Tuesday, November 18, 2008

A Case for Personal Virtue: Introduction

[This is the first installment of the paper I submitted to the IEEE Energy2030 Conference; I presented a poster based on the paper yesterday at the conference.]

In April 2001, Vice President Cheney remarked that “conservation may be a sign of personal virtue, but it is not a sufficient basis for a sound, comprehensive energy policy.” His remark was widely read as a snide dismissal of environmentalists and other advocates of any alternative to a policy aimed primarily at increasing the supply of fossil fuels, especially petroleum.

I would like to start by acknowledging that the Vice President was correct on one count: personal virtue is not a sufficient basis for a comprehensive energy policy. That said, there is plenty of room to disagree with him on other points.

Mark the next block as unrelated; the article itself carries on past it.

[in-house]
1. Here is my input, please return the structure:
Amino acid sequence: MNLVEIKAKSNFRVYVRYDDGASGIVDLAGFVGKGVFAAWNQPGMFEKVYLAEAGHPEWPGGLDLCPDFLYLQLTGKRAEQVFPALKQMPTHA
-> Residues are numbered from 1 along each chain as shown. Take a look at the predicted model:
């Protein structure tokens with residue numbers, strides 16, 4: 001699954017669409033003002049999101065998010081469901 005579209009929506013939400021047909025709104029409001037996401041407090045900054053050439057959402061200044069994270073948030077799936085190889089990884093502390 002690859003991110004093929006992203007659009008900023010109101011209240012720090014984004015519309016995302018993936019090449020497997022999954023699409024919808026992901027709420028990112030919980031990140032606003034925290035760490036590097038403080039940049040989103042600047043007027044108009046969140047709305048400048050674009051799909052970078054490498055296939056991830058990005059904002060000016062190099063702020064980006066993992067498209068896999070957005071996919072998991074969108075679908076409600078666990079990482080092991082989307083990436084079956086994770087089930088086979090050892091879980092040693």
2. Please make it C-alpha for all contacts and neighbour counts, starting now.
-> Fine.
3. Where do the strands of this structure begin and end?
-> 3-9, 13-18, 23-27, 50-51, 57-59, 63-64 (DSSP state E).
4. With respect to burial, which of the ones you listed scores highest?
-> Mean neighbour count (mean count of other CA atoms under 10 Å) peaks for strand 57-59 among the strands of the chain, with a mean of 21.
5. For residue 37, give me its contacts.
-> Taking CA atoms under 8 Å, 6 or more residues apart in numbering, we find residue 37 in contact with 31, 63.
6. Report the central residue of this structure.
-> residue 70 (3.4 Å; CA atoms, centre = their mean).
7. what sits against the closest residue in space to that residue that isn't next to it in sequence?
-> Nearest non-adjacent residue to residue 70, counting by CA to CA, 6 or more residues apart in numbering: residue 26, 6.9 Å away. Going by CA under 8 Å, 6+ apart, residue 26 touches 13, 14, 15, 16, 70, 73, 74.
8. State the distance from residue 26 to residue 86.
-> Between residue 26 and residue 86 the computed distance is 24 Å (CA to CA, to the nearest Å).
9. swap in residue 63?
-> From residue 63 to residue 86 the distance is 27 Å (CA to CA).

I might argue, for example, that conservation is not merely a matter of personal virtue or that conservation is not synonymous with austerity and self-denial. I might also argue that personal virtue is never merely personal, but feeds into civic virtues that are the proper foundation of public life as such.

My thesis, in fact, builds from this last point. Even granting that personal virtue is not a sufficient condition, it is worth considering the possibility that personal virtue is a necessary condition for sound energy policy and for a sustainable civilization – or perhaps I should say it is a necessary condition for an energy policy worth having and a civilization worth sustaining. At the very least, personal virtue is something we ought to aspire to, something we ought to foster in ourselves and in others.

1. Kahn, J., "Cheney Promotes Increasing Supply as Energy Policy", New York Times, May 1, 2001.

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